In last week’s letter to the editor, John Cox’s argument could be boiled down to two major points: 1) It should be okay to deny someone membership of a group based on a “lifestyle choice” and 2) the individual did not want their kids to be exposed to a “wrong lifestyle” and be told that it is okay.
Though every individual is entitled to their opinions, an opinion doesn’t really carry a lot of weight when there are no facts to support it. For this reason, I found his argument unconvincing.
For one, there is no scientific evidence that supports the idea that sexuality is a “lifestyle choice”. According to the American Psychological Association “most people experience little or no sense of choice about their sexual orientation.”
It’s ridiculous to think that at some point in our lives we all have to make a choice to be gay or to be straight—to choose whom we are attracted to. It’s even more ridiculous to think that anyone would choose to be gay when doing so would mean willingly giving up rights and choosing to be a minority that is discriminated against and even hated by some religious groups.
If anyone is worried that his or her kids will be told that homosexuality is an okay and normal thing, then I would suggest taking those kids out of the Boy Scouts. Furthermore, I would suggest taking the kids out of public school and cutting them off from all Internet and cable access.
The worldview on homosexuality is changing, from one that is false and stigmatized to one that tells the truth about sexuality: that personal integrity, character and values are not determined by your sexual orientation.
Look around. On television, on the Internet, across the world and even in this community we find gay, lesbian and bisexual individuals that are no different than their straight counterparts. They build families, they support communities and contrary to conservative belief, they wholeheartedly support family values and diversity.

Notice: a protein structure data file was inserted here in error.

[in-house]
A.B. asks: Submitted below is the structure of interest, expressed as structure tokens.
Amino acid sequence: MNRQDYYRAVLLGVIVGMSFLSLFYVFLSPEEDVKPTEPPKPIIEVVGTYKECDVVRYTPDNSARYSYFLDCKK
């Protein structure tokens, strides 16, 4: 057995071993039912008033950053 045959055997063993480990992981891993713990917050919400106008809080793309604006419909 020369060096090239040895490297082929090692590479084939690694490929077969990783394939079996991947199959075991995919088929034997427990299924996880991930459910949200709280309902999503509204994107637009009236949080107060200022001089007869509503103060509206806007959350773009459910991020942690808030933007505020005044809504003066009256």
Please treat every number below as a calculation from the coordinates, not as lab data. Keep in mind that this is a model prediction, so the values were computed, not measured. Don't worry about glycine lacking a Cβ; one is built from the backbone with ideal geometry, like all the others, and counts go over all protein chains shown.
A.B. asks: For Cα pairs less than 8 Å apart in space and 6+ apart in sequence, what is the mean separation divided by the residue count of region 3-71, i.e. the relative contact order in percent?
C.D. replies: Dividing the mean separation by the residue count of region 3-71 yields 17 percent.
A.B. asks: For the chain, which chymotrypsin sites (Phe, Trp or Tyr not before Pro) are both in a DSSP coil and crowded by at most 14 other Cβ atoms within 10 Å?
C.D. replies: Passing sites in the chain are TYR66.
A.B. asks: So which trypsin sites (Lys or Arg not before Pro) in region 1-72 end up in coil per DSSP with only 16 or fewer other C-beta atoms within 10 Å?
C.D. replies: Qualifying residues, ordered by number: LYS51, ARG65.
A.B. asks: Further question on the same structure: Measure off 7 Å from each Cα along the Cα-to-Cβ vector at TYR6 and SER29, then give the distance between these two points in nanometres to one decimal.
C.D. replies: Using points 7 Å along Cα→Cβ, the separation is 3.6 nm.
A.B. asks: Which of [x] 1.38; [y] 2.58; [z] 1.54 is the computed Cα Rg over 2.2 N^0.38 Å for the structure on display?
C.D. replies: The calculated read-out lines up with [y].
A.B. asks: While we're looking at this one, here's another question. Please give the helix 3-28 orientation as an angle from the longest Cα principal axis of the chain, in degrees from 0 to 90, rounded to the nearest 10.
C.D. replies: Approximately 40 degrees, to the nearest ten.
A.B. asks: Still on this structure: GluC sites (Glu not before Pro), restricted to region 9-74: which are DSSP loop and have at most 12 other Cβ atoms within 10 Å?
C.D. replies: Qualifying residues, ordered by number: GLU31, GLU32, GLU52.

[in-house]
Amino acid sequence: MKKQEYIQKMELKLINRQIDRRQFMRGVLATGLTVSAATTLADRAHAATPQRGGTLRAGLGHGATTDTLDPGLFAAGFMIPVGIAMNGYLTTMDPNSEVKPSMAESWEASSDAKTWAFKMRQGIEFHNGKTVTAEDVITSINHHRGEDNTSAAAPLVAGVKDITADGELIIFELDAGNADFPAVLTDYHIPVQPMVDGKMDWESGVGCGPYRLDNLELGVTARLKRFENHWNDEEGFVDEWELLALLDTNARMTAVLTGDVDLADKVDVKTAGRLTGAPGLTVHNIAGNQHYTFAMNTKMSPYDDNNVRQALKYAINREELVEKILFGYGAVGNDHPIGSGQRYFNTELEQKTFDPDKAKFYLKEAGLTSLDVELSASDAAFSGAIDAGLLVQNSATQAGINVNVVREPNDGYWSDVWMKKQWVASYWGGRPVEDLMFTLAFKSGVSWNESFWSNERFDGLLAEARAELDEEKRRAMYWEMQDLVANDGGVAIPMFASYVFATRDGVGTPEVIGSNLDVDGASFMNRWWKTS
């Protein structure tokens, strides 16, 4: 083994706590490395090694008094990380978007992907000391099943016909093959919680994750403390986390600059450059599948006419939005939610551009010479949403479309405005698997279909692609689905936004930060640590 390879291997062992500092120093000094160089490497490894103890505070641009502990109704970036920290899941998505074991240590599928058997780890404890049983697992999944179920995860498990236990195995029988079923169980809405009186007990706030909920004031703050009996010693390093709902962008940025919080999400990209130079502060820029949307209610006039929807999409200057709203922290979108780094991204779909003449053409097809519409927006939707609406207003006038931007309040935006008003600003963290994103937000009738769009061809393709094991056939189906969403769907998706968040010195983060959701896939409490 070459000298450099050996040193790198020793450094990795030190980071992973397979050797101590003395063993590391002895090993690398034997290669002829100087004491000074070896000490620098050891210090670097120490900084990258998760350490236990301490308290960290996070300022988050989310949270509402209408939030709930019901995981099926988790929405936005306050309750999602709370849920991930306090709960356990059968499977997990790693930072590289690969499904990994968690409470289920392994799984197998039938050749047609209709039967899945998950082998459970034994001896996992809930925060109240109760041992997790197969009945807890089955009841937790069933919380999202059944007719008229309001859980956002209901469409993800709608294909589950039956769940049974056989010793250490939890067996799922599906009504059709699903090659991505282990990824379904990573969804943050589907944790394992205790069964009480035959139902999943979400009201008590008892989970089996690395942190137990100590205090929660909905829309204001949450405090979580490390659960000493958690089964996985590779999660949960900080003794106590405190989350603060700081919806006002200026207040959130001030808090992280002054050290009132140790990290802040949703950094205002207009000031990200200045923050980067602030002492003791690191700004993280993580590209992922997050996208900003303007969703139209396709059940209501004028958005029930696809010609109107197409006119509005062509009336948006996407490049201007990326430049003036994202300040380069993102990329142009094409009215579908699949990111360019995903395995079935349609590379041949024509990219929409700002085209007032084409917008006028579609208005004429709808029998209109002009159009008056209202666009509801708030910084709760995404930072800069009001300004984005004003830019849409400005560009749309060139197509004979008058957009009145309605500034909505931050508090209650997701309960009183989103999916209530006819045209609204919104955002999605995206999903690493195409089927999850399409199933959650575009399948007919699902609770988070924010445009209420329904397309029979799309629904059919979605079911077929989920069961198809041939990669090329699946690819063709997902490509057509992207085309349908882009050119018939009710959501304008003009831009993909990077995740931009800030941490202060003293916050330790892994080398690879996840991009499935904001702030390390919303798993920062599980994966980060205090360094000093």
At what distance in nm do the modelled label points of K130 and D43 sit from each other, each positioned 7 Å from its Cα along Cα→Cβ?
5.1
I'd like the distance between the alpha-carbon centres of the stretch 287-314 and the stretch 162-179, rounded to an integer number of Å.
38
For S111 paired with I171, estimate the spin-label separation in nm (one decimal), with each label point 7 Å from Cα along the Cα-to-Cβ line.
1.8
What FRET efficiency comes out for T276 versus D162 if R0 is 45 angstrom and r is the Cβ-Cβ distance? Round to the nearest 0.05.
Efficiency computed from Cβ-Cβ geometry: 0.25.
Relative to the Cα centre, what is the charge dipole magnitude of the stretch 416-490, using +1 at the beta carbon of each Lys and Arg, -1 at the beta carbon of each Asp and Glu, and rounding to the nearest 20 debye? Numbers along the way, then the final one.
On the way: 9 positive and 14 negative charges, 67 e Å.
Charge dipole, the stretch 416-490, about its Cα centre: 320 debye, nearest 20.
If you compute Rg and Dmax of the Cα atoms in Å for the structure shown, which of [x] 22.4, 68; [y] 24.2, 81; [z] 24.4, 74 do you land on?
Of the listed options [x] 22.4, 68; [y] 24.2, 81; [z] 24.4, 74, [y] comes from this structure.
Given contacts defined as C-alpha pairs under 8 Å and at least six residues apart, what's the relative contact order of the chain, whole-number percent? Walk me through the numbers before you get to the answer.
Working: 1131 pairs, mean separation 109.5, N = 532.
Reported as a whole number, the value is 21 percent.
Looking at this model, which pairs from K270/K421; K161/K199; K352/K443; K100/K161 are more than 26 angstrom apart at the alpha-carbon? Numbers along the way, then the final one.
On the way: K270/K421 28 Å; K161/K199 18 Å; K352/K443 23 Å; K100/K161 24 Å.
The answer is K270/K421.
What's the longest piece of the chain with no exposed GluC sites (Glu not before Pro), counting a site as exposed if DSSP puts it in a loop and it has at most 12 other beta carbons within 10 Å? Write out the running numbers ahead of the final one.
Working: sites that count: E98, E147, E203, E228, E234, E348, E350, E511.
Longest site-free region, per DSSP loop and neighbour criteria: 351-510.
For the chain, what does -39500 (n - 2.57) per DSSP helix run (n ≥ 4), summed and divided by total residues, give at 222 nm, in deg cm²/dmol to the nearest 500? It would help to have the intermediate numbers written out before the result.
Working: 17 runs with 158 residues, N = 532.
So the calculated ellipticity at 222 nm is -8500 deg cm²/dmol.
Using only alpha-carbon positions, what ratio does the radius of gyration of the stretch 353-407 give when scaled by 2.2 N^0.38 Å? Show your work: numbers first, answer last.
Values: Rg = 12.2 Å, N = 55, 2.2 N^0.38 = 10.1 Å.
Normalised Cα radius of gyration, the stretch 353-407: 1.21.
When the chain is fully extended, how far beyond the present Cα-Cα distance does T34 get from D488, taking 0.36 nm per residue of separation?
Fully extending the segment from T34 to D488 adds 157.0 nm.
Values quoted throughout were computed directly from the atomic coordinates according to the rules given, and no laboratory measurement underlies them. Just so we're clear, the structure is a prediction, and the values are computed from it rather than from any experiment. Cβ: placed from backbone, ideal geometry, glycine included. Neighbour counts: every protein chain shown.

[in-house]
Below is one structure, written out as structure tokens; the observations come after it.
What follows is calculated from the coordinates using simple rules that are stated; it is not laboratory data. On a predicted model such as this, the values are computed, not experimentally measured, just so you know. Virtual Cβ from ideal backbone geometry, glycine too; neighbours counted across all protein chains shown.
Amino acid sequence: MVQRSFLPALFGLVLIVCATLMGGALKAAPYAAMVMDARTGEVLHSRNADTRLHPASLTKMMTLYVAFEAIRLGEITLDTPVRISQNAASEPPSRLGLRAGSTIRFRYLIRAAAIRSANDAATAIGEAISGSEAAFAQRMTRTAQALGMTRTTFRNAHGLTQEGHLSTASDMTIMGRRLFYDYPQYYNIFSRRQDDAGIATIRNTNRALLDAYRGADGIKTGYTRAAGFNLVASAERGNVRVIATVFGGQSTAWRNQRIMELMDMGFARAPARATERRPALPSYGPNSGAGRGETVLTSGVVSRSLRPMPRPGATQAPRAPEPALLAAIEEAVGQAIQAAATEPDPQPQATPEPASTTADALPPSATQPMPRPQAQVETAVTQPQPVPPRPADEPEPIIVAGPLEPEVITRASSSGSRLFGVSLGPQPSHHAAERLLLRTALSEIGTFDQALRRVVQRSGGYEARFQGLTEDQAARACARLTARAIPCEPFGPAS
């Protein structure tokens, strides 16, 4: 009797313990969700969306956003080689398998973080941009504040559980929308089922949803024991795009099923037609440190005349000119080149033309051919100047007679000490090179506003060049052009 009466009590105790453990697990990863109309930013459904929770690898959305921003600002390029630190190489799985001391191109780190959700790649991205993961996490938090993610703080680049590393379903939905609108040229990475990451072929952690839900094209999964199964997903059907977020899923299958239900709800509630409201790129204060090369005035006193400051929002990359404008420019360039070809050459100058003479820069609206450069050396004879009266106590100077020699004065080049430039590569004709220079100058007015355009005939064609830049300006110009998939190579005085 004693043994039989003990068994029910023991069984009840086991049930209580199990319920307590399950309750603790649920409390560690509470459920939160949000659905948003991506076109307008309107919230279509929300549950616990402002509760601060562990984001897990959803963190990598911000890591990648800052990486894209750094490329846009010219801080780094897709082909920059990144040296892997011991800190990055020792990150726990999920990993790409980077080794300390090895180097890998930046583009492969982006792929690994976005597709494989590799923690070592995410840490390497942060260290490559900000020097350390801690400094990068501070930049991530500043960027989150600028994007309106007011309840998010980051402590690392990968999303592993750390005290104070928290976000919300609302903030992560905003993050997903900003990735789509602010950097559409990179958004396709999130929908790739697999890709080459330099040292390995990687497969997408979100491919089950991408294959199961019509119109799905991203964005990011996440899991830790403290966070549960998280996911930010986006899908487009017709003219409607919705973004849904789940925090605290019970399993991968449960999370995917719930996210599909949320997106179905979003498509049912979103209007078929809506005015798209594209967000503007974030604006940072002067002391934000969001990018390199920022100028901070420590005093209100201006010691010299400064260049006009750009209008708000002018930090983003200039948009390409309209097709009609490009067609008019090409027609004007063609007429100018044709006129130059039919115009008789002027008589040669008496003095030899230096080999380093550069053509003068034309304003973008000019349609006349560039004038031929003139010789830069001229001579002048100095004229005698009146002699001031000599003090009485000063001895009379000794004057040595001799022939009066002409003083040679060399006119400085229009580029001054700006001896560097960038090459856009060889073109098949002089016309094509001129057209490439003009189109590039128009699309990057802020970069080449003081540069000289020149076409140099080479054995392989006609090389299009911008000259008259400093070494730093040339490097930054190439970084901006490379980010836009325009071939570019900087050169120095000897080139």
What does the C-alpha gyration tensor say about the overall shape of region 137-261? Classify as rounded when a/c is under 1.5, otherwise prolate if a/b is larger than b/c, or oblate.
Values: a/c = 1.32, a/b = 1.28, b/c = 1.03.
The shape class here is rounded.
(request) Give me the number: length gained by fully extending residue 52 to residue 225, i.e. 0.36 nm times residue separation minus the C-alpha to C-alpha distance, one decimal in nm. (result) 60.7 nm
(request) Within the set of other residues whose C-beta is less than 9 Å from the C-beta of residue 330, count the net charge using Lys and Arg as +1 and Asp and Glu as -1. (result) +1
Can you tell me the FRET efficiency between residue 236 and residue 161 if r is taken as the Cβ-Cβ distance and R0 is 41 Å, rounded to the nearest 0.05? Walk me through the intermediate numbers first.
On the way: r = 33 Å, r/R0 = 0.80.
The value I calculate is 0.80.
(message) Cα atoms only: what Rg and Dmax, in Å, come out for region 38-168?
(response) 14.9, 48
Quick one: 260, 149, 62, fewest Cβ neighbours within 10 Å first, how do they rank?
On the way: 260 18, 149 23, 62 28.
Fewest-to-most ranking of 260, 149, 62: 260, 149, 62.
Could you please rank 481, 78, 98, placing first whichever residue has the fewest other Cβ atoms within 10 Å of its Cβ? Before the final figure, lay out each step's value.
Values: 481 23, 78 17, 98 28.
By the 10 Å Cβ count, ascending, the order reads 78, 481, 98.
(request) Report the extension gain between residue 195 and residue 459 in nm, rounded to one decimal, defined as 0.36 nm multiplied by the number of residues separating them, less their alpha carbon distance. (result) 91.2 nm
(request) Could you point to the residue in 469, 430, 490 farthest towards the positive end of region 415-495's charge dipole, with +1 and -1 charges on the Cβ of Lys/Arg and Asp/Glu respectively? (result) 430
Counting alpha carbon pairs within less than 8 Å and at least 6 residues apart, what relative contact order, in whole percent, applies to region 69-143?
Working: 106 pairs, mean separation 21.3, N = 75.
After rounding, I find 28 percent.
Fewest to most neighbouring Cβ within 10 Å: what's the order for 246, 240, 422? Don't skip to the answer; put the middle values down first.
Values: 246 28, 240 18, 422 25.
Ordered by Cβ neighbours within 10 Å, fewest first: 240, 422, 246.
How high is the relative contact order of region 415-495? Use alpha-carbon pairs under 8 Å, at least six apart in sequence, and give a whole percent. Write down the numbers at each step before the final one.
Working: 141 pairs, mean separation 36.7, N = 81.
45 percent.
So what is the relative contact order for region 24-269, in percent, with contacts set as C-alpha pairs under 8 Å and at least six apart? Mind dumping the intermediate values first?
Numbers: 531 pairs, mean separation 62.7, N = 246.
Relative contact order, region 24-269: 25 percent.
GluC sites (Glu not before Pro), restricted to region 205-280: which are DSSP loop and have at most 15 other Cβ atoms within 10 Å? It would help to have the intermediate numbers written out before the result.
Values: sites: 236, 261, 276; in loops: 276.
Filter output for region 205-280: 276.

For students who envision the same type of future as I do—a future where people don’t care about your sexuality; a future where coming out is simply a matter of telling your friends and family that you’re dating someone of the same gender and then leaving it at that; a future where people don’t have to feel afraid or hate themselves because their sexual identity doesn’t line up with what society has deemed “right” or “wrong”—then I would strongly suggest you get involved in GLBTA.
GLBTA is a student-led committee dedicated to spreading awareness about the gender and sexually diverse and their allied students on WSU campus. Everyone is welcome to participate in GLBTA whether you are gay or straight. There is no pressure to identify because in GLBTA your sexuality doesn’t matter, what matters is your willingness to support and spread the truth about a community that is sadly still marginalized in our country.
Chair of GLBTA Committee